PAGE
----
To further illustrate the FEM procedure, we performed the following test. We selected PDB entry 3i9q (data resolution 1.45 Å), which we rerefined using phenix.refine (Afonine et al., 2012). Using this model, we calculated two maps: the FEM and the usual map from (1) (Figs. 24a and 24b). Since we wanted to compare the original σ_{A} map (Read, 1986) with the FEM, no modeling of missing reflections, anisotropy correction or sharpening was performed. What is remarkable about this structure is that the map from (1) is outstandingly poor, perhaps owing to poor completeness in the lowresolution zone (50% completeness in the 17.49–6.58 Å zone). We then removed everything but the macromolecule from the model and subjected this model to 1000 independent moleculardynamics (MD) simulation runs using phenix.dynamics, with each run continuing until the rootmeansquare deviation (r.m.s.d.) between the starting and current models exceeded 3 Å. This generated a diverse ensemble of 1000 structures as shown in Fig. 25. Next, each model from the ensemble was subjected to ten macrocycles of realspace using phenix.real_space_refine (Afonine, Headd et al., 2013) against the FEM and the map from (1) independently. Each macrocycle included model morphing (Terwilliger et al., 2012), simulated annealing with a slowcooling protocol starting from 5000 K and local and overall gradientdriven minimization (Afonine et al., 2012). The success was quantified by calculation of the r.m.s. deviation between the unperturbed model (before MD) that we consider to be the best available model and the model after realspace Fig. 26 shows a histogram of r.m.s. deviations for the outcomes against the FEM and the map from (1). Clearly, in a majority of cases against a featureenhanced map resulted in refined models that were significantly closer to the true structure than those refined against a standard map.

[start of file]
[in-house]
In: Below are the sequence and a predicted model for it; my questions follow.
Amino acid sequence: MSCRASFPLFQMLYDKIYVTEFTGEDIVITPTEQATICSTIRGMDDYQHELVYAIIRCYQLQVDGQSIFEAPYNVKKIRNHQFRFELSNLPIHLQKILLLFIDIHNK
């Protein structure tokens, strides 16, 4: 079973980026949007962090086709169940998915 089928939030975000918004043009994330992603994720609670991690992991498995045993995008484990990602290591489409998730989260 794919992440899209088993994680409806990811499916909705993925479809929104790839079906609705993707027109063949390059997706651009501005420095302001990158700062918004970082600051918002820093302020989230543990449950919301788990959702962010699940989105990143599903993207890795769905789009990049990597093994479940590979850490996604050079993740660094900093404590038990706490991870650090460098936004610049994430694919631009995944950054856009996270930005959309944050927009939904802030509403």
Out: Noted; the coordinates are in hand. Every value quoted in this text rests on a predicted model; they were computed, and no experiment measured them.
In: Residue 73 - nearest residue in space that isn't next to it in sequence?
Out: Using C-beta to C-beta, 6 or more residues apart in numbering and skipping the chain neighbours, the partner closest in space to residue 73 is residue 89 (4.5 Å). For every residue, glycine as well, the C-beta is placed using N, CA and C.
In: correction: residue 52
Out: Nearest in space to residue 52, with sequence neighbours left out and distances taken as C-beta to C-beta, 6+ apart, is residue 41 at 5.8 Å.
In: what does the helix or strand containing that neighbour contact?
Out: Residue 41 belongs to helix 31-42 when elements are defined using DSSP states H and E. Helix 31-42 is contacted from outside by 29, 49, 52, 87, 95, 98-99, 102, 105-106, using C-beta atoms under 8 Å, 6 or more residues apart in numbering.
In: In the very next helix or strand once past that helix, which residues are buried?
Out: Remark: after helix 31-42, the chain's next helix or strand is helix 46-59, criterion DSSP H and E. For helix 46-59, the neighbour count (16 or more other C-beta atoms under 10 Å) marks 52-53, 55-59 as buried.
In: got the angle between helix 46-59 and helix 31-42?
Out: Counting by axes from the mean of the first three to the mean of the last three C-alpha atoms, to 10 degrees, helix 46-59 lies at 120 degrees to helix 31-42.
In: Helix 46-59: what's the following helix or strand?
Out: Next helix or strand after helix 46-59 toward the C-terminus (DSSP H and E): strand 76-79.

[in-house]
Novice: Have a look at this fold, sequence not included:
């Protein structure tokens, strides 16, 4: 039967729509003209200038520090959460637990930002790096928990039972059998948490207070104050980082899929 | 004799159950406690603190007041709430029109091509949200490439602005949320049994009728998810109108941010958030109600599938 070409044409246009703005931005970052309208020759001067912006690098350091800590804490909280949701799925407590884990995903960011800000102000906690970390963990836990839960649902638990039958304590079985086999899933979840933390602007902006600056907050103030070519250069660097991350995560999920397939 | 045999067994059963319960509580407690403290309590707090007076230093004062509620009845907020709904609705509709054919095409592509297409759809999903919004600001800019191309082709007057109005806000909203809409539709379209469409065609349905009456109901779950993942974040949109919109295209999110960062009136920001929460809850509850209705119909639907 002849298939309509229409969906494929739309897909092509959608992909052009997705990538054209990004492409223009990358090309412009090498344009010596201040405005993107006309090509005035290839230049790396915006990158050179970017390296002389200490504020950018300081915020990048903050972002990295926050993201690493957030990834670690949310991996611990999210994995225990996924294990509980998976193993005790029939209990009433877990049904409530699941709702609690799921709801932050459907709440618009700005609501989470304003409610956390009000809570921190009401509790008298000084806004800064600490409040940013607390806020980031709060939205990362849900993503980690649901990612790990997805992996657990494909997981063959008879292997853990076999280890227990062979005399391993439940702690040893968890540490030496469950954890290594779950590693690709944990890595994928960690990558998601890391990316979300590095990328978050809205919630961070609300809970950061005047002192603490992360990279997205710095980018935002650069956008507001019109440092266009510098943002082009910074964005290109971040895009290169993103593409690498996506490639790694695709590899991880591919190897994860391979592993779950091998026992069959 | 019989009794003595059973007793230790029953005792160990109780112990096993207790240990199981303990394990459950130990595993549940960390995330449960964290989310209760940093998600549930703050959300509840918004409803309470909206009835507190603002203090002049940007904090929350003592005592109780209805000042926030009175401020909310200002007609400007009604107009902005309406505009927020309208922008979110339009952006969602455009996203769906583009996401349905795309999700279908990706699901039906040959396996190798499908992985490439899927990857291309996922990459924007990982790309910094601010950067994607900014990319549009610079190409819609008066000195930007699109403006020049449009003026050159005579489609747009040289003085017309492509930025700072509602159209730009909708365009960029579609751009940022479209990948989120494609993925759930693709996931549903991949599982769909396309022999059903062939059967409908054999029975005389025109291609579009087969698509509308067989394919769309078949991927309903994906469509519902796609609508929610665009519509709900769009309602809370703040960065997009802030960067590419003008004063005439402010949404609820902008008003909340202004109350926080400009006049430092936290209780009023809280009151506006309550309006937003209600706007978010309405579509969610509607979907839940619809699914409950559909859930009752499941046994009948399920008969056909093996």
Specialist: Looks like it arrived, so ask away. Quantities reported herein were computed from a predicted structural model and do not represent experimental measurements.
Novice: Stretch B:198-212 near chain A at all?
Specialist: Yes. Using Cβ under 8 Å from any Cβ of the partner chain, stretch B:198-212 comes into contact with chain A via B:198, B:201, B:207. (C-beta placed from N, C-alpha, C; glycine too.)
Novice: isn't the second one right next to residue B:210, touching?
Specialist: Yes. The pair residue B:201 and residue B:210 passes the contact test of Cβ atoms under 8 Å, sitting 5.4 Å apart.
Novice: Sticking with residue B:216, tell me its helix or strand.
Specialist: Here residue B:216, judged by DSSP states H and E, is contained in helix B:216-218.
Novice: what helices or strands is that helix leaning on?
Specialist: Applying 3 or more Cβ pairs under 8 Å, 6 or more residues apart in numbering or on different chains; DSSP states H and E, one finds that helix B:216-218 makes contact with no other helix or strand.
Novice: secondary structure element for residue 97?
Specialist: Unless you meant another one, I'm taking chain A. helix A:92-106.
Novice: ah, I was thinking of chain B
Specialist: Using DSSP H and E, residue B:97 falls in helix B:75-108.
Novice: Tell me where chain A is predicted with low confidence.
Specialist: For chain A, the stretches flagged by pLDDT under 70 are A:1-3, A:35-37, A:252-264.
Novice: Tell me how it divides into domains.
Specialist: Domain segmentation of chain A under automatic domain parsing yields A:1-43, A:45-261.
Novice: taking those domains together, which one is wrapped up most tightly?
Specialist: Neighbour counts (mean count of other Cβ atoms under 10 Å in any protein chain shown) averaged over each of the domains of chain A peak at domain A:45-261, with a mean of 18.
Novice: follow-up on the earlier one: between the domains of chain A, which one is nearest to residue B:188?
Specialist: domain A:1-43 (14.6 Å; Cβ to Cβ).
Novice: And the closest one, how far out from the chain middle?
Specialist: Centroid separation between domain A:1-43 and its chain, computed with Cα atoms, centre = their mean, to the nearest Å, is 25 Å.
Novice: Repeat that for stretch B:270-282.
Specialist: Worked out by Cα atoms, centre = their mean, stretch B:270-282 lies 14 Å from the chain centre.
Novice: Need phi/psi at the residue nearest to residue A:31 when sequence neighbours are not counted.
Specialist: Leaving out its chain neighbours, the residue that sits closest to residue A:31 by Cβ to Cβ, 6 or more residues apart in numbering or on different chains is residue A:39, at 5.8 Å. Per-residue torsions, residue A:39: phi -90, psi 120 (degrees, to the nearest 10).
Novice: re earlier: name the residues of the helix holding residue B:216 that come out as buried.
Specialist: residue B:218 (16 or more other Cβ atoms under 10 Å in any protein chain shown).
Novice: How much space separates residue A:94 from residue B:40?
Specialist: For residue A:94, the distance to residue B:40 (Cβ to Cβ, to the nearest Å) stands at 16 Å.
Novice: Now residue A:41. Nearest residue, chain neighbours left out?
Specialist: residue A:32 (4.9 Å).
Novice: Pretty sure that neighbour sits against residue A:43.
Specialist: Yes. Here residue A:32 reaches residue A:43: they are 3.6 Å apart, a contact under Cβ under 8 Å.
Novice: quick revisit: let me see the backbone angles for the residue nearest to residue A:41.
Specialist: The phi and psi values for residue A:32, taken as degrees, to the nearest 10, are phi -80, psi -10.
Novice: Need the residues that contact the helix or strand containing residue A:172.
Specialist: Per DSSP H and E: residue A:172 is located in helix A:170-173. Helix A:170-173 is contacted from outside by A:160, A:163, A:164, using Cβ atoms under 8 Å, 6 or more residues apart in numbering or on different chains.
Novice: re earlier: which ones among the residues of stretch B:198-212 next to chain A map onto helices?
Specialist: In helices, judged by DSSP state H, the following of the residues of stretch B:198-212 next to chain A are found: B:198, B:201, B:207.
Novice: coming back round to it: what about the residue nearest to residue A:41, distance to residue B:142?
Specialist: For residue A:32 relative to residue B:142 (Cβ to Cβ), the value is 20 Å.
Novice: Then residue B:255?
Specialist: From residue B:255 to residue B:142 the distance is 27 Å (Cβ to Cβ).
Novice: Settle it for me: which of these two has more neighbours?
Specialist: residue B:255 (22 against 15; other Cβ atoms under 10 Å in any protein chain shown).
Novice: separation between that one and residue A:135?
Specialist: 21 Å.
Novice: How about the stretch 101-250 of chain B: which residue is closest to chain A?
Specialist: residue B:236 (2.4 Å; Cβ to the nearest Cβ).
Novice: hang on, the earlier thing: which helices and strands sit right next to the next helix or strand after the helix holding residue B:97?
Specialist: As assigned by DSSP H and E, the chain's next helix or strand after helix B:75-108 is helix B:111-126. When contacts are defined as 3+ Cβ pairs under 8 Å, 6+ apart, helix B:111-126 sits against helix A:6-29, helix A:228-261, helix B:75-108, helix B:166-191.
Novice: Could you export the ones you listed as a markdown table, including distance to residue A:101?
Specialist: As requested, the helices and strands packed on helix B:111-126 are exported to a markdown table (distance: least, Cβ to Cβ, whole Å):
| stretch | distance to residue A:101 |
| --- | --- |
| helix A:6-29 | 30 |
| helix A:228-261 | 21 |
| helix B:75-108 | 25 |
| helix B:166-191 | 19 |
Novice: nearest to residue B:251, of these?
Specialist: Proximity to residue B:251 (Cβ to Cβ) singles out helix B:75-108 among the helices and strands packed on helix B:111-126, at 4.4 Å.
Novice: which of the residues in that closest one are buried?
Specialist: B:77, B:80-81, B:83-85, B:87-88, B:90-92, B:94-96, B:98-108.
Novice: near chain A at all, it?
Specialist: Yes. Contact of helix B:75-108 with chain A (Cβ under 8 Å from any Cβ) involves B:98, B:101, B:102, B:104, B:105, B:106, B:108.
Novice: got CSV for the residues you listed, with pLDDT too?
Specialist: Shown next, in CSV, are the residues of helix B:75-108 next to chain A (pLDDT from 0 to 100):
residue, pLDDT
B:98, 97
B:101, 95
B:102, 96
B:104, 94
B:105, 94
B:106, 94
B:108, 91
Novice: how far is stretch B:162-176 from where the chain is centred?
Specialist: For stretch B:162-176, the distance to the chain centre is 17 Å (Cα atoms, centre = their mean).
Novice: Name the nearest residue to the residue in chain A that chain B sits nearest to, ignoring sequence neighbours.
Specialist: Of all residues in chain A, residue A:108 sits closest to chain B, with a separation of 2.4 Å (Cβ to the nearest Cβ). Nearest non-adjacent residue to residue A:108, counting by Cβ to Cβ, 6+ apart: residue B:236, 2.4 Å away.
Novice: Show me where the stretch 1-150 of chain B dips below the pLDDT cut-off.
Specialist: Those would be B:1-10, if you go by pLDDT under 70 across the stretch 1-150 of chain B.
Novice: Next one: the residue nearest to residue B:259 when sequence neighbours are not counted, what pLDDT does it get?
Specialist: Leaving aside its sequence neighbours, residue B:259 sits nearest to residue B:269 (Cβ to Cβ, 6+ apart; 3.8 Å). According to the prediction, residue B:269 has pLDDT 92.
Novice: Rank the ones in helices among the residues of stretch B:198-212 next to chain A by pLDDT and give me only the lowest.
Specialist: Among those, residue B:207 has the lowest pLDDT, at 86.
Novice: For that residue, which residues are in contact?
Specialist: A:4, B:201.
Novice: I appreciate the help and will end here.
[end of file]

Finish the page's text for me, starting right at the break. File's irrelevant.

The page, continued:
4. Conclusions
The Fourier maps routinely used in crystallographic structure solution are never perfect owing to errors in both the experimental data and the parameters of the structural model. Various kinds of map errors may impede structure solution and completion or result in erroneous map interpretation, which in turn leads to an incorrect atomic model.